2021-22 UnCruise Adventures New Brochure We are updating our website. See new itinerary dates and rates for 2021-22 here.                                             Please visit our Travel Updates page for current COVID-19 information. 

 

 

A Bluebird Day

09-07-2012

By Jeremy, Expedition Guide, Wilderness Explorer

Wow! What a day. Five years as a guide in Glacier Bay National Park and 12 years guiding in Alaska and southeast Alaska still takes my breath away. Today I woke up to one of the few bluebird days that we have had this summer and guided an all-day kayak in Muir Inlet in the east arm of Glacier Bay National Park. I have always wanted to kayak here but it has always been out of reach because of the remoteness of the area and the lack of boats that make it into the East Arm.

Kayak-Calm-SM.jpg

A bluebird day, perfect for an all-day kayak trip

We began our trip by kayaking with small bergs of ice in the water and admiring the incredible blue color of bergs that had been stranded on land by the falling tide. They truly resembled a garden of ice sculptures and looked as if they had sprung up from nowhere as the McBride glacier that calved them has receded far enough into the fjord that it was not visible from our vantage point. It was strange to be kayaking through ice on such a warm day (70 degrees today!) and looking at landscape that was devoid of trees except for a few young Black Cottonwoods.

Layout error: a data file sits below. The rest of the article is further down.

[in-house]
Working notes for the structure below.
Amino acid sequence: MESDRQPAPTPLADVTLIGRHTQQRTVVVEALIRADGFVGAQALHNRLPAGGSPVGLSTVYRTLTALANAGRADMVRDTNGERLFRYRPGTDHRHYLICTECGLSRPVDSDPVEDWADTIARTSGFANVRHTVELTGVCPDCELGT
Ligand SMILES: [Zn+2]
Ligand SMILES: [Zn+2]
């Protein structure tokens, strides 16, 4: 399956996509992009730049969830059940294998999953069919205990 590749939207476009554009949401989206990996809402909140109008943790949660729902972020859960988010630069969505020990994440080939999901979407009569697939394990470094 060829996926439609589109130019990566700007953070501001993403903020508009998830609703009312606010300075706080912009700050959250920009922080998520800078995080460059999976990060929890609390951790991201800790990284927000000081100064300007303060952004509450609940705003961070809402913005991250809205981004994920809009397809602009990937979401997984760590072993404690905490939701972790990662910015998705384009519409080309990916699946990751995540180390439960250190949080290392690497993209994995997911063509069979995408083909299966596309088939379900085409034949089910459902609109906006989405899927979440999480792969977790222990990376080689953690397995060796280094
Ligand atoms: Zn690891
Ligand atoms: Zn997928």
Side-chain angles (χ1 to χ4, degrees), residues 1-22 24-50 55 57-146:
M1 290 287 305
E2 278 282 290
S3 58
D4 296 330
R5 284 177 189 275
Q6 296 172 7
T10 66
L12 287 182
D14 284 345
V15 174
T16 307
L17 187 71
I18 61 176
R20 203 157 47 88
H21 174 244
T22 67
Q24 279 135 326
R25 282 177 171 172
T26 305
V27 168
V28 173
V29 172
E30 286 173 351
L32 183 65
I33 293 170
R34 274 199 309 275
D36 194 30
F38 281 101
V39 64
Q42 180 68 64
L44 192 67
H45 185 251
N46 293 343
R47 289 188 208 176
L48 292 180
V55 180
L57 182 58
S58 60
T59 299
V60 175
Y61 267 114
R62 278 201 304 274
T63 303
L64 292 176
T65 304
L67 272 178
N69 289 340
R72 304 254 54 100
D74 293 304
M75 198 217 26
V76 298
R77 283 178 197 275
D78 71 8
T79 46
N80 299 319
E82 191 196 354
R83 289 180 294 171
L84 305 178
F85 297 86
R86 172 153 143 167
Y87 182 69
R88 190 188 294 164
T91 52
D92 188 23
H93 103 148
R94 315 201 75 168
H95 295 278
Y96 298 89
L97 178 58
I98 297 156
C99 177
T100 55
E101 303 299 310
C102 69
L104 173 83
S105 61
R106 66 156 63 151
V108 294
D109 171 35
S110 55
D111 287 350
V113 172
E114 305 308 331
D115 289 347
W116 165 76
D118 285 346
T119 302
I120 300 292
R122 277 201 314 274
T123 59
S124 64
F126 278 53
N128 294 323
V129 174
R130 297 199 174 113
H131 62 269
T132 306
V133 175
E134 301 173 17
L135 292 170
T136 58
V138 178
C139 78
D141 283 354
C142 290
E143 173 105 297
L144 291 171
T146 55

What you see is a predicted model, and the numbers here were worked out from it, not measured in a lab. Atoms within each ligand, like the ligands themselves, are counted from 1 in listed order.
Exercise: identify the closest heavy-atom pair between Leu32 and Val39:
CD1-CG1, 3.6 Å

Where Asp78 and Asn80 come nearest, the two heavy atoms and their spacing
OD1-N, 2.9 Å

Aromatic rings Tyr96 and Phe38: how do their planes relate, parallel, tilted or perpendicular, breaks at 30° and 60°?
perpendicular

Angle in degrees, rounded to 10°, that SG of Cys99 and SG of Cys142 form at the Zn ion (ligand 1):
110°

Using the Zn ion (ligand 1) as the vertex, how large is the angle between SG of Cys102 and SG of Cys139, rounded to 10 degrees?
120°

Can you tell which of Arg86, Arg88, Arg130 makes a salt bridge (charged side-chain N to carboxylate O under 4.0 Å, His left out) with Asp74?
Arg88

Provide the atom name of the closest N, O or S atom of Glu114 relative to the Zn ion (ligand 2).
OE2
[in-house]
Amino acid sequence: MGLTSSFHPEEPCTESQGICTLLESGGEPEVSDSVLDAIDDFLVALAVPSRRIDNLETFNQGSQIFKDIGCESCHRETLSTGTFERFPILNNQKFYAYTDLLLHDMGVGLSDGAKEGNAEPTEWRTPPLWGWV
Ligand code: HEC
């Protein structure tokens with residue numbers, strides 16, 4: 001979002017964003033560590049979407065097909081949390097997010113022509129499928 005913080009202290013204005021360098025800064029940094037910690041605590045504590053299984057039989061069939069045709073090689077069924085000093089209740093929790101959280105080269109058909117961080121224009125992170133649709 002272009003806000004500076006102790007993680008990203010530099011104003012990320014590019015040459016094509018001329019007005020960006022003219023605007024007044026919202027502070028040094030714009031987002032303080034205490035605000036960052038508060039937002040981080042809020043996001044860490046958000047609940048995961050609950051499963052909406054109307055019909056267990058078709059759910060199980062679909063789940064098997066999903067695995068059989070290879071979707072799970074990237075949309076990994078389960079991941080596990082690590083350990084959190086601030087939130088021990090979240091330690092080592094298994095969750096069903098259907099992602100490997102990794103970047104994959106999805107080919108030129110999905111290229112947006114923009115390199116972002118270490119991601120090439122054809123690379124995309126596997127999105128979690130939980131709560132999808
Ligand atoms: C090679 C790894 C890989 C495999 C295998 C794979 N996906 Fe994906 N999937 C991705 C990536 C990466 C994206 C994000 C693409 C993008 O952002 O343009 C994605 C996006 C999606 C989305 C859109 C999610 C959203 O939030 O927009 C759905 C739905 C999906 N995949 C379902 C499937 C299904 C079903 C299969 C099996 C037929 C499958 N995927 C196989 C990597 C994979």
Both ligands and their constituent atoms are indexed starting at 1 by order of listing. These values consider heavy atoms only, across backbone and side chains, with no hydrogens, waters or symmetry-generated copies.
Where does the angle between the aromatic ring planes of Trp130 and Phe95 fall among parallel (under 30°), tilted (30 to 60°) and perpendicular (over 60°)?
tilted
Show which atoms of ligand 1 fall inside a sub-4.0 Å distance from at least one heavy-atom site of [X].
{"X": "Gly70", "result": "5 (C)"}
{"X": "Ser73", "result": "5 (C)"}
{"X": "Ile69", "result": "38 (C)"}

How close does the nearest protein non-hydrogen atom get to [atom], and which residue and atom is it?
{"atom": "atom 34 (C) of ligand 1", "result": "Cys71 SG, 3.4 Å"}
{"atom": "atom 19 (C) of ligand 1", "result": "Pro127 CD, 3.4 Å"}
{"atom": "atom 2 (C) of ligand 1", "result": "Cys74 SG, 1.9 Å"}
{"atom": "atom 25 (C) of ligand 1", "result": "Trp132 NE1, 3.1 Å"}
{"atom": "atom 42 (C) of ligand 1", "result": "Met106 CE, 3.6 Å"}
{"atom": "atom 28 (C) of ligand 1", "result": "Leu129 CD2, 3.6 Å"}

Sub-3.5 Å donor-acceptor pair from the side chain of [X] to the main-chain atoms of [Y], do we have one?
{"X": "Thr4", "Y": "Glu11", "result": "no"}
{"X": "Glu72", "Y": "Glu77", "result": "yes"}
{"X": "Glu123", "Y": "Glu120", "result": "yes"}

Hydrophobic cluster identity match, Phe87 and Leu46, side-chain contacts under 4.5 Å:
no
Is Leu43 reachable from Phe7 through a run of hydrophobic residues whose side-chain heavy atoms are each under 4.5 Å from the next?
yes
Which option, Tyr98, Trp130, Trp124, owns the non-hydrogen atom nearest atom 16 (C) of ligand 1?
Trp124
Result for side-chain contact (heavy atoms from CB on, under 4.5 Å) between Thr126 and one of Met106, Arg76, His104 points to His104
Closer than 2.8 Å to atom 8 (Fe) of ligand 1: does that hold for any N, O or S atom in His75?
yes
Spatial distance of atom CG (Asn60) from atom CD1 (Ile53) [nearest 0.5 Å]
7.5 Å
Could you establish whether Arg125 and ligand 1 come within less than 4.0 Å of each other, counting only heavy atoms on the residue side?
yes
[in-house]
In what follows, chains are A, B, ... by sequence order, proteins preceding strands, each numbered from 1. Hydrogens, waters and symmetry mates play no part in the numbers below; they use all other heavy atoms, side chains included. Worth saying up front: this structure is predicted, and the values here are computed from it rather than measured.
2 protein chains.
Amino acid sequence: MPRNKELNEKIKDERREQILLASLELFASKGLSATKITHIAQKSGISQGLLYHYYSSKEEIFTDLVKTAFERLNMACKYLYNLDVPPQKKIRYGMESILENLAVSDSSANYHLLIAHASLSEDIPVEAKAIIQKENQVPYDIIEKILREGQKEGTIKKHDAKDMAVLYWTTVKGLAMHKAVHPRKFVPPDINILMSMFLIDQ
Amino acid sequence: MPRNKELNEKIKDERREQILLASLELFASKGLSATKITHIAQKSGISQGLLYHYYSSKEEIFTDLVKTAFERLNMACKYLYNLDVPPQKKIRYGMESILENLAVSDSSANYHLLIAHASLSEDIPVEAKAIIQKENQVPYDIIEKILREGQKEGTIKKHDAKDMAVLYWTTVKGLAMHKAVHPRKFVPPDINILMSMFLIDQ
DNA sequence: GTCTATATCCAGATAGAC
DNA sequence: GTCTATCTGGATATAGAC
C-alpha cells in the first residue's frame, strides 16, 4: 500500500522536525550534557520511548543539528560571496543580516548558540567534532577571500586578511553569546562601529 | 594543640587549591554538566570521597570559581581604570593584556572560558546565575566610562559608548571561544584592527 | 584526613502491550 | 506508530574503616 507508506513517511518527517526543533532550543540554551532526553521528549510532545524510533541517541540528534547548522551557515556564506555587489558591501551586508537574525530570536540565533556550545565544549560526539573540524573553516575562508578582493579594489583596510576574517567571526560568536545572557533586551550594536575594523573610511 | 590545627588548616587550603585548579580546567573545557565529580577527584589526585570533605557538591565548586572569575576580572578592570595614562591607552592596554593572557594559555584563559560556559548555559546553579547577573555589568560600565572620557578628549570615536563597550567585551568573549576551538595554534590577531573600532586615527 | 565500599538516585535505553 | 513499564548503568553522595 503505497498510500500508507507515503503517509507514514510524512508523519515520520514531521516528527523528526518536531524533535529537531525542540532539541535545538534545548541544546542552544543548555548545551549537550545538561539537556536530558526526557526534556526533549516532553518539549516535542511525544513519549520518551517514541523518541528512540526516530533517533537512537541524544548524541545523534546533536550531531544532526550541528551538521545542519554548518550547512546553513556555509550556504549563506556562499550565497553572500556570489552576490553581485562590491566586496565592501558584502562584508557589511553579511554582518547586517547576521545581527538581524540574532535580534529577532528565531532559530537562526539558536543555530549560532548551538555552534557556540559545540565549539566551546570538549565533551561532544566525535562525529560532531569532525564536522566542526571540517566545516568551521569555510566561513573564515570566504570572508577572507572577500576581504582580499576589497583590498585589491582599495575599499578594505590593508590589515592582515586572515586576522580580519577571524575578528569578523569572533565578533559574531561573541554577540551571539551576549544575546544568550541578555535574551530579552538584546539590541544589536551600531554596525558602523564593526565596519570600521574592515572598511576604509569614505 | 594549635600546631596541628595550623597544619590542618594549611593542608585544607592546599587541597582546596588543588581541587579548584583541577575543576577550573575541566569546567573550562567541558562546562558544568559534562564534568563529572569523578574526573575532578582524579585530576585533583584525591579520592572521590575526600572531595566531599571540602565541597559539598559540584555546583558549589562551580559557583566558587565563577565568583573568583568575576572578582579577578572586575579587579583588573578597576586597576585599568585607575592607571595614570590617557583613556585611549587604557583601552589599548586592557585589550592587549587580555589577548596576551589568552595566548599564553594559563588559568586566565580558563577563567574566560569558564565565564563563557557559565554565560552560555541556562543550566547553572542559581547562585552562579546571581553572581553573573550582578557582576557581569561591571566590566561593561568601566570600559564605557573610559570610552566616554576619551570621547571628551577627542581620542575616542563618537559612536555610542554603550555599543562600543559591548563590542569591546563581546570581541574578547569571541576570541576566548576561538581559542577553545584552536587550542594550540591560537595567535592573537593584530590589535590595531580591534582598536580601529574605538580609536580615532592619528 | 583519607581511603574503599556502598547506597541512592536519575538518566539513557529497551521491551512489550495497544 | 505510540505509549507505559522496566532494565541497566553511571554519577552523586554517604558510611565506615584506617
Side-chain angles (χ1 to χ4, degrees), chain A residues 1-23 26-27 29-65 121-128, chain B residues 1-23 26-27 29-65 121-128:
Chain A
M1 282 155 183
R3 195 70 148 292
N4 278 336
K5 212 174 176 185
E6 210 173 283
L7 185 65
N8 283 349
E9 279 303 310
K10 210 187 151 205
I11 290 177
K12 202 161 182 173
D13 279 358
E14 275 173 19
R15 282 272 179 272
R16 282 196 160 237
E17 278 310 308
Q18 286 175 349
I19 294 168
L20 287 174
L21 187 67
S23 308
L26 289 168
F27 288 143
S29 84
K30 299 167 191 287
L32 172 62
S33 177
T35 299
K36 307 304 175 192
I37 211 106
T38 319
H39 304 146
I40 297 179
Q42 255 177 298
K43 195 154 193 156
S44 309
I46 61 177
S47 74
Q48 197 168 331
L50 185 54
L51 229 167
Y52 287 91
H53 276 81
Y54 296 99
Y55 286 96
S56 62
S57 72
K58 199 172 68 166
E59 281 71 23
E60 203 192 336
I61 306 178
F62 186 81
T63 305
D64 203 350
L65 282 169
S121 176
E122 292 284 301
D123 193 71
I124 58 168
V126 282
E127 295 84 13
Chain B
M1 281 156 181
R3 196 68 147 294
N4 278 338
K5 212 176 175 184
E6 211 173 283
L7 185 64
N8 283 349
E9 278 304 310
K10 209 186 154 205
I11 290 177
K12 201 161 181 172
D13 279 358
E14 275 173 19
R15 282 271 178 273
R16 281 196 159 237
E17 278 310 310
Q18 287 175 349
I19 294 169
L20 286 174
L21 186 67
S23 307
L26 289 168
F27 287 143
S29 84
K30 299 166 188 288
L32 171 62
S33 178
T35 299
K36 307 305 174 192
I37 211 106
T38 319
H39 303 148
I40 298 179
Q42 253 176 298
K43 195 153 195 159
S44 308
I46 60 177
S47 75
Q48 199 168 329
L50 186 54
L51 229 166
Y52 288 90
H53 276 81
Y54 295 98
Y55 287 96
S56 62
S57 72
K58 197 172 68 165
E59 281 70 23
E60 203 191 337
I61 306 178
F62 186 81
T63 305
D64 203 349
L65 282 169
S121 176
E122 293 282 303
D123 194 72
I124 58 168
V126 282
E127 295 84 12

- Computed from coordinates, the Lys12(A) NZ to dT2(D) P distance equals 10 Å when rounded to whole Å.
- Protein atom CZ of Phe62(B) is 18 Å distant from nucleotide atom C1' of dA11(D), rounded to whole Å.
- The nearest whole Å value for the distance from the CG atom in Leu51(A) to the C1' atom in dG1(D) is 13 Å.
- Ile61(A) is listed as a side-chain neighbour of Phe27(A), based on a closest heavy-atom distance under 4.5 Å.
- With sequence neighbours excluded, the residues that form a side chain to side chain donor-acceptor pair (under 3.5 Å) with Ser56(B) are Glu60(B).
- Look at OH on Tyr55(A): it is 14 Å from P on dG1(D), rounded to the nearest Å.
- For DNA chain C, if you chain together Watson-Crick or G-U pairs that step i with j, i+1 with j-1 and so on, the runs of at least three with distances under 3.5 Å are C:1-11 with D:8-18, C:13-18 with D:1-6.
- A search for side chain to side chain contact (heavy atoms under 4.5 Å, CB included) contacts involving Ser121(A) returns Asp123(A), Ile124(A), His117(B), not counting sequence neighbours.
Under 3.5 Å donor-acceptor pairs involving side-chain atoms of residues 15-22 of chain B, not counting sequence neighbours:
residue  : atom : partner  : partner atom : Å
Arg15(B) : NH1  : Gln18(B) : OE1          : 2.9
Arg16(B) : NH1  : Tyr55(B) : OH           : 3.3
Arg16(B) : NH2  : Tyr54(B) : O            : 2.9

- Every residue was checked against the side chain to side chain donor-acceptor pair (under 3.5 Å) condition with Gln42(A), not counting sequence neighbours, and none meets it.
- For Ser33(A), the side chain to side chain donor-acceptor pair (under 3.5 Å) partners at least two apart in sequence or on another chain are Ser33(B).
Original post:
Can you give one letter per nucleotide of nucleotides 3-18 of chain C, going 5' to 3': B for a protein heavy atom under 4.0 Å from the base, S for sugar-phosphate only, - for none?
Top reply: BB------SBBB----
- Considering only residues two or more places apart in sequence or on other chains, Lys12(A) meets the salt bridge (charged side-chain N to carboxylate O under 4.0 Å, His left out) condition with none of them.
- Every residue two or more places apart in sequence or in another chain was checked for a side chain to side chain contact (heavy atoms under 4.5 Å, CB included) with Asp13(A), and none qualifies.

Blue-Ice-Chunks-SM.jpg

Incredible blue small bergs

Our first break was on a small beach and then we were off to kayak in front of the Riggs Glacier which has receded quite a bit since I last saw it 7 years ago. What a sight! Cascading blue ice, blue sky and yellow kayaks filled my vision and camera lens.

Riggs-Glacier-SM.jpg

Riggs Glacier

This was our backdrop for lunch and our small hike through the feathery plumes of yellow dryas afterward.

Hiking-SM.jpg

A small hike with Riggs Glacier in the background

Back in our kayaks (it was an all-day kayak after all), we paddled at the base of Mt. Brock and the 3,000 ft. cliff that dominates the skyline as you look north into Muir Inlet. I have marveled from tour vessels at the 2,000+ foot water falls here in the past and but I never thought that I would have the opportunity to kayak below them and dowse myself with their cool fresh water. (It was hot out after all!)

Waterfalls-SM.jpg

Cool water cascades down one of Mt. Brock's cliffs

The rest of our afternoon was filled with waterfalls, blue skies and reflection-filled calm waters. In the end, we kayaked 9 miles in an area that few people get to see from a tour boat, let alone a kayak, and spent a rare bluebird day in one of Glacier Bay’s most remote and beautiful fjords.



Loading Conversation